During the month of October, I had the fortunate opportunity to work with a rural agricultural agent, located in the rural village of Kalanje in Zambia’s Eastern province. The agent was trained to be a sales person and advisor on chemical products for an agro-chemical supplier. During my time with the agent, it became apparent that there was a knowledge gap when attempting to assist farmers. The agent was having trouble retaining and understanding the complex knowledge that was disseminated to him.
To bridge that gap, I decided to test the assumption that by having the information in a chart on paper, he would be better able to refer to all the information, instead of attempting to recall everything that was taught in a workshop. Before I left, mid-October, I provided him with charts that linked crop problems, such as disease and pests that were prevalent in the area, to the proper crop-related agro-chemical product.
At the end of November, I made a trip back to Kalanje to record and capture his sales. My main objective was to see if the product charts had any impact on the sales of crop-related products. With better customer service for crop-related products, I expected to see an increase in sales of these to compliment his livestock sales, which he has been trading for months prior.
RESULTS… SO FAR
If the product charts proved successful in allowing the agent to solve these problems, there should be some indication in the sales records. If you refer to the graph below, it is evident that there was no significant increase.
View the raw data – many records were not dated and lumped together on the far right of the graph.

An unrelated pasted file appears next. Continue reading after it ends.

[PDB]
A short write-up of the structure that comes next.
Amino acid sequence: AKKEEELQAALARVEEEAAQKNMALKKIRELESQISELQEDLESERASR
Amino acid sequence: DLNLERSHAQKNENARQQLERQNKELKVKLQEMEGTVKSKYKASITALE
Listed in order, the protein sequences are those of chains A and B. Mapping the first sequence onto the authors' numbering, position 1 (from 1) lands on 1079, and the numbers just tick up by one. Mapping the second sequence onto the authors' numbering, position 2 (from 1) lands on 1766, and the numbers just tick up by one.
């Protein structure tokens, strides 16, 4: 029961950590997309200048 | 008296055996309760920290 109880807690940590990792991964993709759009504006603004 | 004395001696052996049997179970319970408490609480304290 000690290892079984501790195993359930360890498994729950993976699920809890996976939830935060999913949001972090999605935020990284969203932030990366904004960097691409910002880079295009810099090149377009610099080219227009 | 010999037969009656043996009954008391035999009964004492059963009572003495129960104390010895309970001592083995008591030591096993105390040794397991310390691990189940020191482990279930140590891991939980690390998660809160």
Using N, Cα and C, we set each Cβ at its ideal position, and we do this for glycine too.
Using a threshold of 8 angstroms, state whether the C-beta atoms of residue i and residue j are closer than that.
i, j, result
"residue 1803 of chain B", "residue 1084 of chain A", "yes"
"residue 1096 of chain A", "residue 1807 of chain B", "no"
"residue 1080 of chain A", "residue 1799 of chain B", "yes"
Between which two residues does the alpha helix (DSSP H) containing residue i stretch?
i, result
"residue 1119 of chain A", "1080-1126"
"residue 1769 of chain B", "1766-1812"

Some hypothetical conclusions for this:
- Vegetable crops that were almost ready to harvest in October were already harvested before the agent was given the charts. Therefore no products were needed in the time frame.
- The agent’s core competency is in supporting livestock and he puts all his sales effort into that business.
- During November fields are being prepared for planting maize. Only herbicides are needed whereas pesticides and fungicides are not. (There was no chart given on proper safe use of herbicides)
- Product charts are, simply, not useful for agents to use in the sales and advising process
- The idea is simply not effective in a rural Zambia context
- The agent may not actually know how to use the charts, despite my test results that indicated that agents with grade 12 education can quickly understand how to use them in less than a few minutes
- Farmers are more focused on protecting their livestock from the increased probability of disease brought on by increasing rains beginning in November
With so many environment-related factors affecting the test, we are not able to conclude on the effectiveness of (or lack thereof) the intervention at this point. Future trials will be needed to shed more light on the initiative.
The costs for this initiative (approximated):
- 2 days to create the charts
- 1 day to determine to how long how long it takes for an agent to understand the chart
- ~$50 round-trip travel to the agent from Lusaka
I initially published this article saying the information was from Chinjala. The data is actually from Kalanje.